COLUMBIA – Once a week for the past six years, Jacki Ray had traveled more than four hours to play football. Making the trip from her home in Jefferson City to either St. Louis or Kansas City had become a routine part of her weekend schedule.
But now, Ray has reduced the mileage she puts on her car from hundreds to about 50 a week. Columbia resident Garrett Falls, Sr., a retired veteran of the Marine Corps, and his wife, Tammy Falls, have started a women’s semi-professional football team, the Columbia Enforcers. Garrett Falls Sr., serves as the team's head coach and Tammy Falls, an administrative assistant away from the team, operates as general manager, keeping track of fundraising, equipment expenses and player registrations.
Wearing a black bandana over her hair, a black Pittsburgh Steelers’ jersey and black athletic shorts, Ray brought a tough attitude to the team’s last practice Sunday, but she softened when speaking about a women’s football team in mid-Missouri.
“It means a lot because the people that live in these surrounding towns either had to go to Kansas City or St. Louis," she said. "Now we are actually able to display the talent that we have here, and it’s awesome.”
The team held tryouts last weekend at Rock Quarry Park. They are preparing to enter the Women’s Spring Football League in May. These “tryouts” are misleading, though. The team has been practicing since March. The original group of three players that started with games in the snow back in March has now grown to 25.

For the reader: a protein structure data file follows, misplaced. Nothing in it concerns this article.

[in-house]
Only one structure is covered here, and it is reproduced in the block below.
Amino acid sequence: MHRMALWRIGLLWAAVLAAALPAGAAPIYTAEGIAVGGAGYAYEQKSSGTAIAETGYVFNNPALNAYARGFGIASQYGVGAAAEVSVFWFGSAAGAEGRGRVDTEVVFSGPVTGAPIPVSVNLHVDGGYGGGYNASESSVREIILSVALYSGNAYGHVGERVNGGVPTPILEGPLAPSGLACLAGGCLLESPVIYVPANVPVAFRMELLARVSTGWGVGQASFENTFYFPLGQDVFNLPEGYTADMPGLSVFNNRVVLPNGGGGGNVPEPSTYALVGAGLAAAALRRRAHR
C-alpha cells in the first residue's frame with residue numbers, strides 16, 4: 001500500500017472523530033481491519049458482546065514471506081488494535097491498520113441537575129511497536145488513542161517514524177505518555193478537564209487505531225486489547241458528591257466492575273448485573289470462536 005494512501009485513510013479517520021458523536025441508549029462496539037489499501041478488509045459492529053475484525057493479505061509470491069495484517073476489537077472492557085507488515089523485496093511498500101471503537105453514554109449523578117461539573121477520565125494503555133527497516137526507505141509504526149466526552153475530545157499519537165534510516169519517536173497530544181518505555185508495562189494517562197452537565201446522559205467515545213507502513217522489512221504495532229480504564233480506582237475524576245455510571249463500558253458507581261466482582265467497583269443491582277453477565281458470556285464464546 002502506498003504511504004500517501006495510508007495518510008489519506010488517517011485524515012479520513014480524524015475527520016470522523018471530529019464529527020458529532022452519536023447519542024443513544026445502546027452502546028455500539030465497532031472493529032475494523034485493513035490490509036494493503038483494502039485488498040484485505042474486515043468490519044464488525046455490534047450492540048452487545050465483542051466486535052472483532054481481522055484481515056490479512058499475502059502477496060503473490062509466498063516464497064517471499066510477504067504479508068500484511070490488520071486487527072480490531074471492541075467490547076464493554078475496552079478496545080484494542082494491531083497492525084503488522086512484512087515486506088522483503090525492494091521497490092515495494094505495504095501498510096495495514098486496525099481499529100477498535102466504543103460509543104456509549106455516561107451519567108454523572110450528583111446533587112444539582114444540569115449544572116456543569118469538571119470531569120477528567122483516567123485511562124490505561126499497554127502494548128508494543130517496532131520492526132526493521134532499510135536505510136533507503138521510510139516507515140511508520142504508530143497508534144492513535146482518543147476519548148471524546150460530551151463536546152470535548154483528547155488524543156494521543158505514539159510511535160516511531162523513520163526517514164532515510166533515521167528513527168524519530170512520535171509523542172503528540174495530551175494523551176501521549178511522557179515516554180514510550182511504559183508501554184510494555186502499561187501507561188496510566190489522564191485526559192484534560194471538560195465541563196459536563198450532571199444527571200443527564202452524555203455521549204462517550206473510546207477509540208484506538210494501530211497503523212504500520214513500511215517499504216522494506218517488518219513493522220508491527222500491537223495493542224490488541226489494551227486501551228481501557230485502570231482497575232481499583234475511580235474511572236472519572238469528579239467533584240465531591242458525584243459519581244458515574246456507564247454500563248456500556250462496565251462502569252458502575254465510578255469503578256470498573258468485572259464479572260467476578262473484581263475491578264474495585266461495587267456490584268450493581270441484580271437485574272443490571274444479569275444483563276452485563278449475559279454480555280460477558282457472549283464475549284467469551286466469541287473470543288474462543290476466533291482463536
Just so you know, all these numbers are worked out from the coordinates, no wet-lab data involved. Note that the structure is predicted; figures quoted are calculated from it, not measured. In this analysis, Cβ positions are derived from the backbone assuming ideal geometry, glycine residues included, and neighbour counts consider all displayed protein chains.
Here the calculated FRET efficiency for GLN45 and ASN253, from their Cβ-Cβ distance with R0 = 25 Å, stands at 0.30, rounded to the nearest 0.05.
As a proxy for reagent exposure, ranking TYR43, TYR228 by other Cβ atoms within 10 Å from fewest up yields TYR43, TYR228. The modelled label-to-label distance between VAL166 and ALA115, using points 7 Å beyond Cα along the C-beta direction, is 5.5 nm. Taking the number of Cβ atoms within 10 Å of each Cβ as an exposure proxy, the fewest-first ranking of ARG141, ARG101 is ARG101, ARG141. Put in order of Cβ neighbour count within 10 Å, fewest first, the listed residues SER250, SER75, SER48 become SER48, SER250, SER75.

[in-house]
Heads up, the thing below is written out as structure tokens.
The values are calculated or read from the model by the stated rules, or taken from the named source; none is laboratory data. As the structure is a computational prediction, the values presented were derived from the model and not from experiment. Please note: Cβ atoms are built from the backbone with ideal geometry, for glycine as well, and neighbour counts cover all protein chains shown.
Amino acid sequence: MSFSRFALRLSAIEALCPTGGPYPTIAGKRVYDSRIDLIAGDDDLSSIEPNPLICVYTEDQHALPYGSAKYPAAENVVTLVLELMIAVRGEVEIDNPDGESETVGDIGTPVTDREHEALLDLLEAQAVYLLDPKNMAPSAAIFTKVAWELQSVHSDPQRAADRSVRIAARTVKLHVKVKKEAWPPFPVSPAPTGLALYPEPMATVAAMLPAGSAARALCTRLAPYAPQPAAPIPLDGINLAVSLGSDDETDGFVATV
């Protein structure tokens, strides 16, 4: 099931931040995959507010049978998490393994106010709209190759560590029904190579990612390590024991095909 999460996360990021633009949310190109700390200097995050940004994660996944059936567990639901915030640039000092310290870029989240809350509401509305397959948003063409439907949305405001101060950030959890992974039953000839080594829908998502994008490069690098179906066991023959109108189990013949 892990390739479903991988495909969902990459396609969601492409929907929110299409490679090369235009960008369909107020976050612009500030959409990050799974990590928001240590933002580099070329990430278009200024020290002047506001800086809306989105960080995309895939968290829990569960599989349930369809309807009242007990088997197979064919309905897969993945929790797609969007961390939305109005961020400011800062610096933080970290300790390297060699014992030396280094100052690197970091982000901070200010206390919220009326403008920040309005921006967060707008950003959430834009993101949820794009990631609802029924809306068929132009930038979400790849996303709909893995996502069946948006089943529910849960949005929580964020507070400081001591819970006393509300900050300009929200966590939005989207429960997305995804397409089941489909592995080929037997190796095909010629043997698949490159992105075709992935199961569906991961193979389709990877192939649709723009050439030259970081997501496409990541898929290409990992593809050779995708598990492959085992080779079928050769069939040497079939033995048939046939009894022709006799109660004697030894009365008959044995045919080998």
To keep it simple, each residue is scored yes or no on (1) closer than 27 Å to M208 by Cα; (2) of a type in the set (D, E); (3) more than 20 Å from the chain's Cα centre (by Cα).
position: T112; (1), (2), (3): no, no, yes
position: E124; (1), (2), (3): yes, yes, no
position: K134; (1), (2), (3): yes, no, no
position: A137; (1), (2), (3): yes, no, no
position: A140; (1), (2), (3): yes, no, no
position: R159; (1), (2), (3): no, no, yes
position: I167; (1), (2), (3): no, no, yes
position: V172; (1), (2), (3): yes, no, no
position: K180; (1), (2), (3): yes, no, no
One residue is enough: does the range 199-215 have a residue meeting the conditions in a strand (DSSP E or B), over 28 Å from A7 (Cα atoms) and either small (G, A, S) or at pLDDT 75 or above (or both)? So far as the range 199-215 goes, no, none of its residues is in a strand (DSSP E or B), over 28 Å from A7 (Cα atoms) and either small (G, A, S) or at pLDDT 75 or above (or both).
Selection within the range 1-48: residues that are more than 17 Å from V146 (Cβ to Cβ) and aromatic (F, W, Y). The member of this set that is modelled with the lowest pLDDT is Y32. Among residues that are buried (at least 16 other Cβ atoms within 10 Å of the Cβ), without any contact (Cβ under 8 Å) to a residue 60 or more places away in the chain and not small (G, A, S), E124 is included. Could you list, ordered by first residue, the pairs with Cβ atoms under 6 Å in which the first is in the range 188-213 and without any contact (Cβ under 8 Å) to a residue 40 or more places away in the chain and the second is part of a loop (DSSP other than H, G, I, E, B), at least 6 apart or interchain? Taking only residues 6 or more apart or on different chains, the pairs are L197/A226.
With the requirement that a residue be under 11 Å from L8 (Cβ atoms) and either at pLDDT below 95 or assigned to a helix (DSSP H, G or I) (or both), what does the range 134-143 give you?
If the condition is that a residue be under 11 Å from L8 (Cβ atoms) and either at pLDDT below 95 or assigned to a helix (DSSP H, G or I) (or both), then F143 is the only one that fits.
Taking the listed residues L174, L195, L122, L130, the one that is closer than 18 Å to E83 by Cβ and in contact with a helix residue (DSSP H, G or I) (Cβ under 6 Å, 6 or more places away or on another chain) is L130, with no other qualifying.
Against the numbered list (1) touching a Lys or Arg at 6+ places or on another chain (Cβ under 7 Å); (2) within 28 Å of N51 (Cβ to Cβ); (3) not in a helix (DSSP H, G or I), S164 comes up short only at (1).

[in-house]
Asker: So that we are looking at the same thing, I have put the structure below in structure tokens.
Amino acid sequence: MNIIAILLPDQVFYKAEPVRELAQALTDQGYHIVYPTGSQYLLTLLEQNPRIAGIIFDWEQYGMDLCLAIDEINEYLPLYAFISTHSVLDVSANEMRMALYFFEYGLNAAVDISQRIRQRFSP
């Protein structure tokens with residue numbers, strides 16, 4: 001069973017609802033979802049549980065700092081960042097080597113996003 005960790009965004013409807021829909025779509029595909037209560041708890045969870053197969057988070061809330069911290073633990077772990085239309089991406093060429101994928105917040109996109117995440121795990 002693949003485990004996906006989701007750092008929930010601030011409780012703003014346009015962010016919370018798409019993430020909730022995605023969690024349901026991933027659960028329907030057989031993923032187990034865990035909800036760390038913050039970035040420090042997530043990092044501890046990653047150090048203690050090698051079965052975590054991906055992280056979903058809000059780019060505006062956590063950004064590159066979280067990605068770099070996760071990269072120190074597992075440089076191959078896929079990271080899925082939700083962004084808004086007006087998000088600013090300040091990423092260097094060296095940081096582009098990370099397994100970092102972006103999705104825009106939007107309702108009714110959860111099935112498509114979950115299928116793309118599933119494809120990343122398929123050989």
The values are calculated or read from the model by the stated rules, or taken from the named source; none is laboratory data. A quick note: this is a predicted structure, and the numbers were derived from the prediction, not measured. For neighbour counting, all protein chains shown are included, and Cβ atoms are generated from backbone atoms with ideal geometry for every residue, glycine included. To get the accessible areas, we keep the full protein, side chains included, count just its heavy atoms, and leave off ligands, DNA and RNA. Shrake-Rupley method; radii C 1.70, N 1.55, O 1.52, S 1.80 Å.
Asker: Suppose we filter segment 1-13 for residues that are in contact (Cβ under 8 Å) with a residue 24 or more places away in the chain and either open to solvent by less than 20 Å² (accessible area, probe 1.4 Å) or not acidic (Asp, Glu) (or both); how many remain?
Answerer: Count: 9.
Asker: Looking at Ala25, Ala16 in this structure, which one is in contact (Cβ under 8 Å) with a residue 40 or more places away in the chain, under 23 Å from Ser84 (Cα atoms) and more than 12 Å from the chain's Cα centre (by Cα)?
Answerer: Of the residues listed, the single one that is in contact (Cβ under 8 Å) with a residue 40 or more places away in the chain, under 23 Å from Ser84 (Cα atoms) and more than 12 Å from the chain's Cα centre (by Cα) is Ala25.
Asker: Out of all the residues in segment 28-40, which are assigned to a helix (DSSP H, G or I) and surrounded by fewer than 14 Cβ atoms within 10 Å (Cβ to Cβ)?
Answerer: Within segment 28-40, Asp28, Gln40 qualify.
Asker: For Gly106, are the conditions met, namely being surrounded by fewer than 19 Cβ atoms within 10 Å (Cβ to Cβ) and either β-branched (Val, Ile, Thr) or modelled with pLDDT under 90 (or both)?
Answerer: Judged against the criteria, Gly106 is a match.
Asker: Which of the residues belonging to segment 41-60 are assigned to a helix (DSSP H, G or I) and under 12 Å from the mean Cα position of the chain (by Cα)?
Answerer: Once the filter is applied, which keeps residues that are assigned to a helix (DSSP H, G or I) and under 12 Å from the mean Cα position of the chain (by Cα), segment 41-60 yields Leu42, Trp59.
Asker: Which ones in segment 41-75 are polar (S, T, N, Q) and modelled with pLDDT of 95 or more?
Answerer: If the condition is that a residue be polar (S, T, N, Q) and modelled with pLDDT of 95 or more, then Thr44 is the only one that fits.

With growth come challenges for both coach and players. A concern for Falls, Sr., has been low attendance at practices because of players' conflicts with work. The male coaches often have to participate in scrimmages to give the players the chance to experience game-like situations.
“These ladies work hard. They’re mothers. They’re teachers. They do other things,” Falls, Sr., said. “But then, they have a chance to come out and show the skills that they have.”
Ray, who works at a warehouse for Unilevar in Jefferson City, is happy to have an understanding coach, but that does not eliminate the sacrifices she makes.
“Time is priceless. It’s short. I sacrifice that away from family and friends," she said. "I have to use vacation days to do the traveling at times.”
But for Ray the rewards outweigh the sacrifice.
“It’s time-consuming all across the board, but it’s worth it because it’s what I’ve wanted to do for years,” Ray said. “You have to give a little to get a lot, so it’s well worth it.”
Falls, Sr., is still trying to recruit more women to the team. His goal is to have 35 players before they begin practicing with helmets and pads in early October. But he said he thinks there are women who are intimidated by football.
"A lot of them are afraid to take that step (to play) because this is an out-of-the-norm sport," Falls, Sr., said. "They are afraid somebody's going to say, 'Well, women don't play football.'"
Ray is quick to respond with a challenge to those who have doubts about women playing football.
"You're going to have that (stereotype) because that's just the society we live in, but just come out and watch us," Ray said. "Open yourself up to it, and nine times out of 10, you will not be disappointed."
The Enforcers season will go from May through July. Falls, Sr., said he sees an advantage to playing in the summer.
“Because our league falls in a time when football is not being played, people can say there’s a football game and go out and watch it,” Falls, Sr., said.